And we don't know until its tried in court until then we are all bull****ting.
    Signature
    Excellent product, Excellent support, great for affiliate marketers (Amazon, ClickBank etc)
    http://andreasnurbo.com
    {{ DiscussionBoard.errors[3115317].message }}
  • Profile picture of the author mrmagos
    I thought the whole themes-and-plugins-are-GPL had been resolved some time ago. Since themes and plugins run under the same process and use the same hooks as the core software, then they are considered to be derivative works and therefore subject to GPL. However, any css, javacript or images (and other non-PHP parts) bundled with said plugin or theme are not subject to GPL, provided those components themselves are not derived from GPL code. Therefore, the PHP portions are most definitely GPL, though you can 'sell' the other parts. You could even release the entirety as GPL, but place it behind a paywall and 'sell' support and updates.
    Signature
    {{ DiscussionBoard.errors[3116288].message }}
  • Profile picture of the author Tim Franklin
    Well, one thing for sure everyone has an opinion, on this however, legally, one entity cannot take away the legal rights of another entity.

    In other words If I create a plugin, and it contains my personal intellectual property which I can also copyright, by the way as well as apply for a patent, if I wanted, why bother, right.

    So just because my plug-in touches word-press does not give word-press rights to my intellectual property see how that works, if this were in fact legal then wordpress could claim the rights to all server software where it runs including Cpanel,

    Does that make sense? No, it does not, why, simply because just because wordpress runs on Cpanel does not mean that Cpanel is now GPL, that would be like trying to sell ice to an Eskimo no offense to the Eskimos.

    Wanting something does not make it true, The biggest problem here is that most people here have never bothered to read the GPL, mostly because it is totally confusing unless you have a law background and even then its full of conversant facts,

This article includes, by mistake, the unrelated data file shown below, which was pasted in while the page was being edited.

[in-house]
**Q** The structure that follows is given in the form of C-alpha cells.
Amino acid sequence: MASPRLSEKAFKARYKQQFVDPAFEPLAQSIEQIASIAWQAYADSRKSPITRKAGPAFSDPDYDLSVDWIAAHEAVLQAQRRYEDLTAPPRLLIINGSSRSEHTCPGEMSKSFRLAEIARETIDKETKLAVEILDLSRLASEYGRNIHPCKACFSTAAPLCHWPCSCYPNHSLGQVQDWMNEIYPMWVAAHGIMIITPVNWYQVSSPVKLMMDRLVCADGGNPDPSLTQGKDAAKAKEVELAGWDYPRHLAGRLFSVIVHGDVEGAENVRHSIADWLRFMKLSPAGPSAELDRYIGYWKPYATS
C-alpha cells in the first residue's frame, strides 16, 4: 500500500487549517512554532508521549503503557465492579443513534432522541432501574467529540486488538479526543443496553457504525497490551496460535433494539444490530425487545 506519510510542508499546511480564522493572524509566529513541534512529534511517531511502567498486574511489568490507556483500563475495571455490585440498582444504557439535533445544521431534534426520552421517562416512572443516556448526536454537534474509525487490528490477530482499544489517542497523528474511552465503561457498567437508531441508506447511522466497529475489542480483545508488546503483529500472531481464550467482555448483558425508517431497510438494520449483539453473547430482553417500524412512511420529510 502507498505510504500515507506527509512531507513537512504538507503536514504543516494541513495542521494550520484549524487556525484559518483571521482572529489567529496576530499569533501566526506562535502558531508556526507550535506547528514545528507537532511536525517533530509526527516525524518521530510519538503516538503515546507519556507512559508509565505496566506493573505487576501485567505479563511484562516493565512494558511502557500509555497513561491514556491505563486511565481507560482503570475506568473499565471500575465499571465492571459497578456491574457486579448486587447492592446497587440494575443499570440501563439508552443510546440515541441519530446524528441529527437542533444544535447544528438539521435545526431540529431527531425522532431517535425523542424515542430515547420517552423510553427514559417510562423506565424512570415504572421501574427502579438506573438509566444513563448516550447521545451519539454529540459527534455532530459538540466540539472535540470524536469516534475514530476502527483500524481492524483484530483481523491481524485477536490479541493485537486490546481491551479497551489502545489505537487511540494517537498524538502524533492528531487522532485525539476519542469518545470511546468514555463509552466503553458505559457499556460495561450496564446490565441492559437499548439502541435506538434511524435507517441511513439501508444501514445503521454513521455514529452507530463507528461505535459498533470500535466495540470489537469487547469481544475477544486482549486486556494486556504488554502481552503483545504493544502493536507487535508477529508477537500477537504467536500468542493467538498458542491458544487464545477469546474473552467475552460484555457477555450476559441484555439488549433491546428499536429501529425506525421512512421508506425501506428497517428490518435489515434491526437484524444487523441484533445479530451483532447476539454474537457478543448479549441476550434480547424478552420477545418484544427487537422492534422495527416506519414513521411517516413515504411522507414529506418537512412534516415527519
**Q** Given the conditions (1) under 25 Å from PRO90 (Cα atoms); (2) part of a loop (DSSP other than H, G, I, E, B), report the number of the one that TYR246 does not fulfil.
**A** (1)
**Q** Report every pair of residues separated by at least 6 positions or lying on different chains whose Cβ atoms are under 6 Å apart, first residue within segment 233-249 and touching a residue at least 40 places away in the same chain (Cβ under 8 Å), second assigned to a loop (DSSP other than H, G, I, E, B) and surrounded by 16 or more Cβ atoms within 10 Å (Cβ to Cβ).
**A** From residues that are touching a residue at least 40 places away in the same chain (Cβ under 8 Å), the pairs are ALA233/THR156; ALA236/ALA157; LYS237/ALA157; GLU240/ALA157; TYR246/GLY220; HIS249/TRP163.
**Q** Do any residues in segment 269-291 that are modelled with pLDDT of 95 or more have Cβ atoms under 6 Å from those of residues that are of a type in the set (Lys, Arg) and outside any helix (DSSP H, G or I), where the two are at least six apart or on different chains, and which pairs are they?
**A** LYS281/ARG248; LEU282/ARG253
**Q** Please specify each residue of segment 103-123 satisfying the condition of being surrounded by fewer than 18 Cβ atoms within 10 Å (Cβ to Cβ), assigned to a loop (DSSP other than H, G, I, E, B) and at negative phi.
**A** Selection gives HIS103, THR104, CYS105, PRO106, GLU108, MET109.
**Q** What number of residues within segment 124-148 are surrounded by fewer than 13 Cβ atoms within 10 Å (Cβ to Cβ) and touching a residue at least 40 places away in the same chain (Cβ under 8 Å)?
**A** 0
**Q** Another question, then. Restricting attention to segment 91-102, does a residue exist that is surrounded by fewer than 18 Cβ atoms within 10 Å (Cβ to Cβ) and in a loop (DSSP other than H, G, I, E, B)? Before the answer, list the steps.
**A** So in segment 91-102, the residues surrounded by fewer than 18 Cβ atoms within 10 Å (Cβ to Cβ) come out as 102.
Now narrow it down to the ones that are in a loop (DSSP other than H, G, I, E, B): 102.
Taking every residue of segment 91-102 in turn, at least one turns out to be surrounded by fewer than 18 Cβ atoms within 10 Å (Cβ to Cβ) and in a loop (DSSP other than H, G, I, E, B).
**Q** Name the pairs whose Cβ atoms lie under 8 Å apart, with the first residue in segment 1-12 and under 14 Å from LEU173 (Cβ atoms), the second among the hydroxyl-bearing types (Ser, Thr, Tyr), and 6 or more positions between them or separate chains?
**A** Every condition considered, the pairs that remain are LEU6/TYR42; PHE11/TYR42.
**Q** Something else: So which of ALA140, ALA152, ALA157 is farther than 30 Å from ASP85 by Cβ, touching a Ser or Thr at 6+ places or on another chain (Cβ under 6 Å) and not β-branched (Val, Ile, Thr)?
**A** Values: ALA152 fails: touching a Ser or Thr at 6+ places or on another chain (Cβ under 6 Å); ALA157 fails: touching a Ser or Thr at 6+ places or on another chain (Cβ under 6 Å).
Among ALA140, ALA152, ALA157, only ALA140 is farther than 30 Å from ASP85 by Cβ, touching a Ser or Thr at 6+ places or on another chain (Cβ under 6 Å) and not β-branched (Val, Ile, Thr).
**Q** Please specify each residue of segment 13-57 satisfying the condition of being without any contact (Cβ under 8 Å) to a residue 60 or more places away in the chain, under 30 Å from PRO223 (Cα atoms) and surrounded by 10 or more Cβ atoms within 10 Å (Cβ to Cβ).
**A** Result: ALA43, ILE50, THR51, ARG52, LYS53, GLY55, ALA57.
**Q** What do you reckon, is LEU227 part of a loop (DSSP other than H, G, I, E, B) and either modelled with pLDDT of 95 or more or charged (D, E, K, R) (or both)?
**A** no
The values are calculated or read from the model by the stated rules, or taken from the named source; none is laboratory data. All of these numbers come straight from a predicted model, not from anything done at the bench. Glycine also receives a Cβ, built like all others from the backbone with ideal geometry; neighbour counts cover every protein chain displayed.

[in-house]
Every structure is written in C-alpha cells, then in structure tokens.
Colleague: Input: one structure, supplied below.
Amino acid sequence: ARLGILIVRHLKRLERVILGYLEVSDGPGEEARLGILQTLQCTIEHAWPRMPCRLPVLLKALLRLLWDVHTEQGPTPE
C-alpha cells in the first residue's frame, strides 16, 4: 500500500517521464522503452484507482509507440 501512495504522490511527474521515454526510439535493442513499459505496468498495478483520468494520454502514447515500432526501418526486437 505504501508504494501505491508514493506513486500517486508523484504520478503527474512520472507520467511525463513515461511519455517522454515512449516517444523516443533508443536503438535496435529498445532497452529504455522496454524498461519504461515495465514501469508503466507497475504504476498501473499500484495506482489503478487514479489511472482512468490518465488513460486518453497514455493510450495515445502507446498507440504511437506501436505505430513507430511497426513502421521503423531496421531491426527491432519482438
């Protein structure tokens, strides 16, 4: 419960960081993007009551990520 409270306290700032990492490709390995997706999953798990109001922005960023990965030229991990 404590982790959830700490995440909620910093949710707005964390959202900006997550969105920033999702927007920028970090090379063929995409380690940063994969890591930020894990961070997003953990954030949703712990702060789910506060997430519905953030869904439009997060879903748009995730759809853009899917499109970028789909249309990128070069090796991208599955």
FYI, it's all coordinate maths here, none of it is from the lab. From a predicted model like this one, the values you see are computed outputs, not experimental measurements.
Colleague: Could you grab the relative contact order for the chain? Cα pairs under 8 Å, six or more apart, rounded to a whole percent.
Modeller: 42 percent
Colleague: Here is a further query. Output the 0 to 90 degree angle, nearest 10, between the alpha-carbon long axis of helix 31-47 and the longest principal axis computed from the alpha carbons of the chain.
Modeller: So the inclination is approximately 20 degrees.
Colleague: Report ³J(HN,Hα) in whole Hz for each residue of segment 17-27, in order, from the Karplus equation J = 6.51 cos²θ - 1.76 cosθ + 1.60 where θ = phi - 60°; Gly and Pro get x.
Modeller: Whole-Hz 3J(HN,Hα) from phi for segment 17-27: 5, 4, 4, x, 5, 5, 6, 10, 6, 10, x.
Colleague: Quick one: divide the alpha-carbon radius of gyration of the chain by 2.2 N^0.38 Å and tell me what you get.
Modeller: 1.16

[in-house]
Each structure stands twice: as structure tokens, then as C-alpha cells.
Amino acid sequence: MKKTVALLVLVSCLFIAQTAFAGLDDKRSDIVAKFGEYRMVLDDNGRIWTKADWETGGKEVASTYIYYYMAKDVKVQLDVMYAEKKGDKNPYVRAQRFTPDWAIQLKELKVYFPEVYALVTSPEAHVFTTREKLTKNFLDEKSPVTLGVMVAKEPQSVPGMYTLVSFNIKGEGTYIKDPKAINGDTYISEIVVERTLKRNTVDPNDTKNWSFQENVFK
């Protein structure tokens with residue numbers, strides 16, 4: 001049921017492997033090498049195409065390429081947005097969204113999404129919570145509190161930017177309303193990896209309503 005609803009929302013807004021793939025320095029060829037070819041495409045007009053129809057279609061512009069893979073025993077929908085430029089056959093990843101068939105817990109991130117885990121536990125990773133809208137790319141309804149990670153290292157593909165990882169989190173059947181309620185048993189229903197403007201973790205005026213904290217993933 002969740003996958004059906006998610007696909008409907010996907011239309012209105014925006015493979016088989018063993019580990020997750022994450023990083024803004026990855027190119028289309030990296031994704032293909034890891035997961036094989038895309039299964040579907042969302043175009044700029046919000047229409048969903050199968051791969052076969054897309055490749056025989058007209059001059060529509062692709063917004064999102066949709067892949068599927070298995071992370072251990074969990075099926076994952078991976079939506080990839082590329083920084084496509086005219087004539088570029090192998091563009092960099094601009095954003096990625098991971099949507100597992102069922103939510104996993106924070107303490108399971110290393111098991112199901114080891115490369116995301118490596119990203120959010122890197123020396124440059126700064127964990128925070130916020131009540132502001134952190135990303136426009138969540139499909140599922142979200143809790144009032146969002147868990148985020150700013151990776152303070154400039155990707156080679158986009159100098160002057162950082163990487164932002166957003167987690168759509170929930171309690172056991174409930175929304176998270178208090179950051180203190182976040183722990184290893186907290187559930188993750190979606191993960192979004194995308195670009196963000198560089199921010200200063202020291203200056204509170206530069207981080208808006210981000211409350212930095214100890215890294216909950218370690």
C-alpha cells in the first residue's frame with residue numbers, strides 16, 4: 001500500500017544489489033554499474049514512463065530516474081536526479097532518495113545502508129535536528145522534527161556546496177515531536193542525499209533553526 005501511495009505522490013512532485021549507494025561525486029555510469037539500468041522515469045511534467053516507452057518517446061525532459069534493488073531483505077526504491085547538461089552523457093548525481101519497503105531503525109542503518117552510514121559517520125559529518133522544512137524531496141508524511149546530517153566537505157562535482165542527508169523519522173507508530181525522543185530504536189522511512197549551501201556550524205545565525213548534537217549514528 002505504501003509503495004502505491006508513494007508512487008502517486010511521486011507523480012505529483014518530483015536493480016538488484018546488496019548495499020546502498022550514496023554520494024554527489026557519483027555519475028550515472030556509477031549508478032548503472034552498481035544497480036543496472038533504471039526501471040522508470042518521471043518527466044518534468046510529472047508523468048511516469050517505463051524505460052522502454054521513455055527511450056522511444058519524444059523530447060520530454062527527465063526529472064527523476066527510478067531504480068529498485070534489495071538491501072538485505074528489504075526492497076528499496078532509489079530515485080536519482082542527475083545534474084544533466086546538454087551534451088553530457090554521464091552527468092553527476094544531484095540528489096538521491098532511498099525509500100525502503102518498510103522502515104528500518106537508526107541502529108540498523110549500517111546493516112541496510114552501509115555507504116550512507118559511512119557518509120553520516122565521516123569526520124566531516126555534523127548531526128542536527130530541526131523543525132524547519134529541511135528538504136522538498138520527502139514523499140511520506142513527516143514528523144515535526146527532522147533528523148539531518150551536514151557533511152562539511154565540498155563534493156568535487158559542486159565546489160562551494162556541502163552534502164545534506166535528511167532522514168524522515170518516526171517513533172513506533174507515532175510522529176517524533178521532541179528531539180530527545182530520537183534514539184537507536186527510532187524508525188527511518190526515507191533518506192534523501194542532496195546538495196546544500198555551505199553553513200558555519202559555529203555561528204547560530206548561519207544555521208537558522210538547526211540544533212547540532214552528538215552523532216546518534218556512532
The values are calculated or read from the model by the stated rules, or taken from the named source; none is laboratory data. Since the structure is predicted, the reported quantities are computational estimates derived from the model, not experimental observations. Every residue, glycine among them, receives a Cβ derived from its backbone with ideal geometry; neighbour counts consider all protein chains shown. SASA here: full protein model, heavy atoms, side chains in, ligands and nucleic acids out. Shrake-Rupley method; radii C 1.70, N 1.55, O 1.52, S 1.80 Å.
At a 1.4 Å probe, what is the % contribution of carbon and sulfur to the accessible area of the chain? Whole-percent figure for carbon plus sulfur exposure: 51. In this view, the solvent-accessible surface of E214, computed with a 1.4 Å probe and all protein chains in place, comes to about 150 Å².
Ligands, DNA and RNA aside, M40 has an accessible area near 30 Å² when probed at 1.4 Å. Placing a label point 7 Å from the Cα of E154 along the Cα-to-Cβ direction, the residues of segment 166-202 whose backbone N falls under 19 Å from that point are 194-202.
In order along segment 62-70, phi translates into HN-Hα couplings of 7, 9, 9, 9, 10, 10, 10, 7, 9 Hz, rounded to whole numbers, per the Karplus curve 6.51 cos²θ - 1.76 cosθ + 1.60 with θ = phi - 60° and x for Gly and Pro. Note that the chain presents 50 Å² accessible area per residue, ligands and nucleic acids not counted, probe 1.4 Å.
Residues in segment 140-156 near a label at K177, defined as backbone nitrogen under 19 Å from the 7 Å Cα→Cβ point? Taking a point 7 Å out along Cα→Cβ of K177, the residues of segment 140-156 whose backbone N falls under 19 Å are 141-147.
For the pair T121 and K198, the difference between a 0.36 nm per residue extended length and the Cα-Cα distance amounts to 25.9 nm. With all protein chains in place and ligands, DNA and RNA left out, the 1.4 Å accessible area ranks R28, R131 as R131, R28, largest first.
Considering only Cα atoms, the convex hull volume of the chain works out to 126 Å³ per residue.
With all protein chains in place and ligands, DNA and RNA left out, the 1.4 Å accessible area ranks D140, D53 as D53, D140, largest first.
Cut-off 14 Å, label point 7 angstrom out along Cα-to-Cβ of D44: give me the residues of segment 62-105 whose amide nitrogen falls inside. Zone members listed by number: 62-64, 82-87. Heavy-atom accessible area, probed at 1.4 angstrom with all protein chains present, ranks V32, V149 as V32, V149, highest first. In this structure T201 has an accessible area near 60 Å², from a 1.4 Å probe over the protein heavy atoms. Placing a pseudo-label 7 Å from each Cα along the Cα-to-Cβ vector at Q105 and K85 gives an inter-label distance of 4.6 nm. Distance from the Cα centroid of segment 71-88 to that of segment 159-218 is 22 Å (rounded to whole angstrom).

But none of that matters, because, unless and until some case law is developed in this area, the final word is yet to come out, in other words the fat lady has not sung yet.

    I think that intellectual property and the GPL are capable of playing well together, but they are not going to be having sex or children any time soon.
    Signature
    Software Development | Applications | OSX | iOS | Android | Cloud Software Engineering |
    {{ DiscussionBoard.errors[3116334].message }}
    • Profile picture of the author wayfarer
      Originally Posted by Tim Franklin View Post

      So just because my plug-in touches word-press does not give word-press rights to my intellectual property see how that works, if this were in fact legal then wordpress could claim the rights to all server software where it runs including Cpanel
      Wordpress doesn't use any of Cpanel's functions, or use any of its APIs, etc. When you make a Wordpress plugin, you're using Wordpress's functions to build it. If you don't, it won't be a Wordpress plugin. Just by doing this you are subject to its license, and cannot break the terms of the GPL. If you release it in an incompatible license, you are breaking the law and can be subject to damages in a court of law.

      This doesn't mean you can't sell plugins. As pointed out above, customers are paying for support.
      Signature
      I build web things, server things. I help build the startup Veenome. | Remote Programming Jobs
      {{ DiscussionBoard.errors[3416494].message }}
      • Profile picture of the author SteveJohnson
        Originally Posted by wayfarer View Post

        ... Just by doing this you are subject to its license, and cannot break the terms of the GPL. If you release it in an incompatible license, you are breaking the law and can be subject to damages in a court of law. ...
        While IANAL, you'd not be 'breaking the law' -- even if the terms of the GPL are in fact enforceable, which no one really knows because there haven't been any court cases concerning it yet -- and if you were to be sued over it, you'd end up in civil court, not criminal court.
        Signature

        The 2nd Amendment, 1789 - The Original Homeland Security.

        Gun control means never having to say, "I missed you."

        {{ DiscussionBoard.errors[3420326].message }}
        • Profile picture of the author wayfarer
          Originally Posted by SteveJohnson View Post

          While IANAL, you'd not be 'breaking the law' -- even if the terms of the GPL are in fact enforceable, which no one really knows because there haven't been any court cases concerning it yet -- and if you were to be sued over it, you'd end up in civil court, not criminal court.